Strawberry Mansion is a trippy and bizarre film about a dream auditor (Kentucker Audley) sent to audit an old woman’s dreams that’s filled with muchness to the point of explosion. It tries to cram in so many ideas that it becomes overwhelming. Bizarre, poetic dialogue adds only a thin layer of understanding to the admittedly captivating visual style. It’s more of an experiment than a movie, and is hard to follow. Regardless, I’m happy writer/director duo Kentucker Audley and Albert Birney are taking this many risks with their filmmaking.
“To enter, you must lick the ice cream cone.” Strawberry Mansion is already weird well before James the auditor enters Bella’s farmhouse. A confusing storyline about ads in dreams, government taxation, and mild romantic elements are a taste of the head-scratching patchwork of ideas. The plot is so scattered and convoluted that you feel you’re taking a drug-fueled dive into the dream landscape. Strawberry Mansion is a strange movie begging for thorough analysis. A creepy face with glowing demon eyes, stop motion animated skeletons, and unique costuming make it difficult to dismiss the visuals. The dreams take on a hazy and hypnotically arresting quality—they are erratic and random, just like they would be in real life. I’m not sure that Strawberry Mansion is successful in justifying its totality of randomness, but it was a fun and entertaining attempt.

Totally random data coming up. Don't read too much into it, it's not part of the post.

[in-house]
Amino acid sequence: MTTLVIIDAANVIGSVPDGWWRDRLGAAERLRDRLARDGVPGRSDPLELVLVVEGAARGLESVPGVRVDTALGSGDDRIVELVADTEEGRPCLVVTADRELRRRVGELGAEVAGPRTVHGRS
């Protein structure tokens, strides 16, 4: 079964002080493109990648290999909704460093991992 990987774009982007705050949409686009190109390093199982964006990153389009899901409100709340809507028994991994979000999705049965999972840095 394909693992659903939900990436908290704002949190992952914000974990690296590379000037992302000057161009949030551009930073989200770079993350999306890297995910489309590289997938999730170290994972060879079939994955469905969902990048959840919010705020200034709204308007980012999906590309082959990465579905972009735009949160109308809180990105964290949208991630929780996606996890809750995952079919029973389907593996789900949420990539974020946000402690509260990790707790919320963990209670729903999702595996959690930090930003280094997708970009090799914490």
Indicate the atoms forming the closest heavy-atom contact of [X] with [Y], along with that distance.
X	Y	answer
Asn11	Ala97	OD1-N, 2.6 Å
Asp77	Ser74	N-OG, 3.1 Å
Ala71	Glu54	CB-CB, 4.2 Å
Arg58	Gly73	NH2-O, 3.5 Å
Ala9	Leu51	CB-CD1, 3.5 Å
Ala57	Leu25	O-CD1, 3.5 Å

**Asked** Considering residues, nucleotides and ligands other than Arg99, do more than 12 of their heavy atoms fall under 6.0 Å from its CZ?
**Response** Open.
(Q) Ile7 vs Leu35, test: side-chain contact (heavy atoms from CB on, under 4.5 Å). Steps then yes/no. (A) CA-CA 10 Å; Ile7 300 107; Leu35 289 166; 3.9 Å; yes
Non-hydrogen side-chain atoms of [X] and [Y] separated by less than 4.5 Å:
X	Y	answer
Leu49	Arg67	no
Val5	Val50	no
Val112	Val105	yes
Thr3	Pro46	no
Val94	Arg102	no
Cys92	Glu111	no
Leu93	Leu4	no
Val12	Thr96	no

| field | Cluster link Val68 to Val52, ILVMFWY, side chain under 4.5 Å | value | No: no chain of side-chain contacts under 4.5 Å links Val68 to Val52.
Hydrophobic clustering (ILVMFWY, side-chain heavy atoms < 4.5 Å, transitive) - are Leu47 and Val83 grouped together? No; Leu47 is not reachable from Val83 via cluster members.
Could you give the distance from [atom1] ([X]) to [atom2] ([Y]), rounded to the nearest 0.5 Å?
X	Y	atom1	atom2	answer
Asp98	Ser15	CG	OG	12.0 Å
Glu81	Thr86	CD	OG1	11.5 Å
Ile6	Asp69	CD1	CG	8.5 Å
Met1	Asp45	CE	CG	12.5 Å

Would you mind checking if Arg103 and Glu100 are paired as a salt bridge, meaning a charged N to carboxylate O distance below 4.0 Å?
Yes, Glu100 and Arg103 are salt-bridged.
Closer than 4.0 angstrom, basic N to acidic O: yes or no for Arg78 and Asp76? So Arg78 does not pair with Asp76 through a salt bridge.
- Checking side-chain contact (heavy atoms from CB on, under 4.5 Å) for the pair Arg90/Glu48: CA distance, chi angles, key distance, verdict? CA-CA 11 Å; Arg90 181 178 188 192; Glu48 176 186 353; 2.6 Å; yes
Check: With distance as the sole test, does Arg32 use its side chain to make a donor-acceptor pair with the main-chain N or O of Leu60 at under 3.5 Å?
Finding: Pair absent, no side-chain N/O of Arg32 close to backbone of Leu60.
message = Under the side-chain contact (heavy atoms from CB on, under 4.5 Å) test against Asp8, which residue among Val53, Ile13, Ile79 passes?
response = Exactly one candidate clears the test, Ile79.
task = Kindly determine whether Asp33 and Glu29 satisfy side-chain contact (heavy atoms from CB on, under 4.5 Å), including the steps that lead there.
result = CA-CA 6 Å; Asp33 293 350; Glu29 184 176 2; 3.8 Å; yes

Strawberry Mansion screened at the San Francisco International Film Festival, April 9th – April 18th, 2021, and the Seattle International Film Festival April 8th – April 18th.
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